Mandy Crawford (left), Mariah Mitchell and their peers posed difficult questions about the biz.
They asked about sexism and racism. They asked why it seems as if the only time major networks and newspapers pay attention to women's sports is during the Olympics. They asked why there aren't more women columnists on Page 2. They asked why Jim Rome, Mike & Mike, Stephen A. (since canceled) and Kornheiser and Wilbon ("PTI") have shows but no woman on ESPN does. They asked about the lack of women and minorities on sports talk radio. They asked about my relationship with Jason Whitlock. They asked what I thought about the Don Imus situation and the role it played in how we cover sports. They asked how I felt about using the word n-word.
They asked about O.J.
They thanked me for writing the stories I'd written. They asked if I thought Michael Vick was really that stupid and if Roger Federer was really that good. They asked me about specific lines I had written two years ago. They asked me if I strongly agreed with every stance I took or whether there were things I wrote that I didn't agree with but had to write because they were assigned. They asked if my non-newspaper background has had any effect on how I've been received at ESPN and in the business as an "official" sportswriter.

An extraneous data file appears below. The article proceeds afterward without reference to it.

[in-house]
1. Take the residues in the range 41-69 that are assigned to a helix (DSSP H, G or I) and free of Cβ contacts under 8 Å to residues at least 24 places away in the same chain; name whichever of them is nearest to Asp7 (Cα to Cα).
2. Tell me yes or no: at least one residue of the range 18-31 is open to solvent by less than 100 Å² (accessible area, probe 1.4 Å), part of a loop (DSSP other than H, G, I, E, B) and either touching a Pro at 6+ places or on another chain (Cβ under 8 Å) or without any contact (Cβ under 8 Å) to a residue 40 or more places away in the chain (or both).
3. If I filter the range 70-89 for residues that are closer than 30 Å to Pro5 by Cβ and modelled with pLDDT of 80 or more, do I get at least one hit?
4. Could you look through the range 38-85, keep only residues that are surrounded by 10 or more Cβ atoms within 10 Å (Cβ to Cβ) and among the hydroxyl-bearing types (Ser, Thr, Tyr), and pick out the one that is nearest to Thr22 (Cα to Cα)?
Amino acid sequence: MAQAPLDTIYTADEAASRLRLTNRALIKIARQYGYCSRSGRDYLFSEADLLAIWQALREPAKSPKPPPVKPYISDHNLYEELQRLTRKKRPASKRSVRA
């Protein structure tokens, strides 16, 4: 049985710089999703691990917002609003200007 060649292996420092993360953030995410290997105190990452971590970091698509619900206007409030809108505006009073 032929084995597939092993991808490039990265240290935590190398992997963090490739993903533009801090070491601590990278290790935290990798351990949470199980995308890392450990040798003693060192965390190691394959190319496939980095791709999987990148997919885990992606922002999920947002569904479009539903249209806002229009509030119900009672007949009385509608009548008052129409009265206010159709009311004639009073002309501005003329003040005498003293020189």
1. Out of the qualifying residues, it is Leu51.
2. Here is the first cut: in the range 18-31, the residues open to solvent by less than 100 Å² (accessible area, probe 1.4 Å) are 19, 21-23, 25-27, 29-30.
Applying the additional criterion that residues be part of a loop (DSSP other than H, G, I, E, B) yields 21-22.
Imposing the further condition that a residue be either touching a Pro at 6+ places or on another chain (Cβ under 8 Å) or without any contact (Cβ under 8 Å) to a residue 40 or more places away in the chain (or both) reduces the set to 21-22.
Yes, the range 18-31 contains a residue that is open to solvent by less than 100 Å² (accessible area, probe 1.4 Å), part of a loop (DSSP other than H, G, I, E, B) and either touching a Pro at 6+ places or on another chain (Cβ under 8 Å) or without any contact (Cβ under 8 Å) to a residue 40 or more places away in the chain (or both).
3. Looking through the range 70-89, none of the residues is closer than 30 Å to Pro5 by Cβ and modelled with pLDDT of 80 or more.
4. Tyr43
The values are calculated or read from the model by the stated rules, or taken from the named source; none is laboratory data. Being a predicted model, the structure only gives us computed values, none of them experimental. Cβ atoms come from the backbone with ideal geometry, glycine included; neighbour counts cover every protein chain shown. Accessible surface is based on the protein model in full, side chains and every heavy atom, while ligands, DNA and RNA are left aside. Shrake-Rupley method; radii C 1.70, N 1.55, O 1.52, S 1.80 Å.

They came with it. Straight -- no chaser, no ice, no water back. They didn't ask about how this person was or what type of person that person was. What's Shaq like in person? Have you ever met Tom Brady? Is AI as cool as he seems? Who do you think is going to win the World Series? Is Derek Jeter really that cute in real life? None of that. They didn't come with the standard, star-obsessed questions that sportswriters usually get when we walk into a school full of young girls cute like Kaley Cuoco and young guys smooth like Shia LaBeouf.
Instead, they asked about the writing. The art of storytelling and meeting deadlines. Angles and ideas. They asked about the seriousness of what it is that we sportswriters do and how we approach our craft differently every day, so that we can continue to generate interest. They came authentic.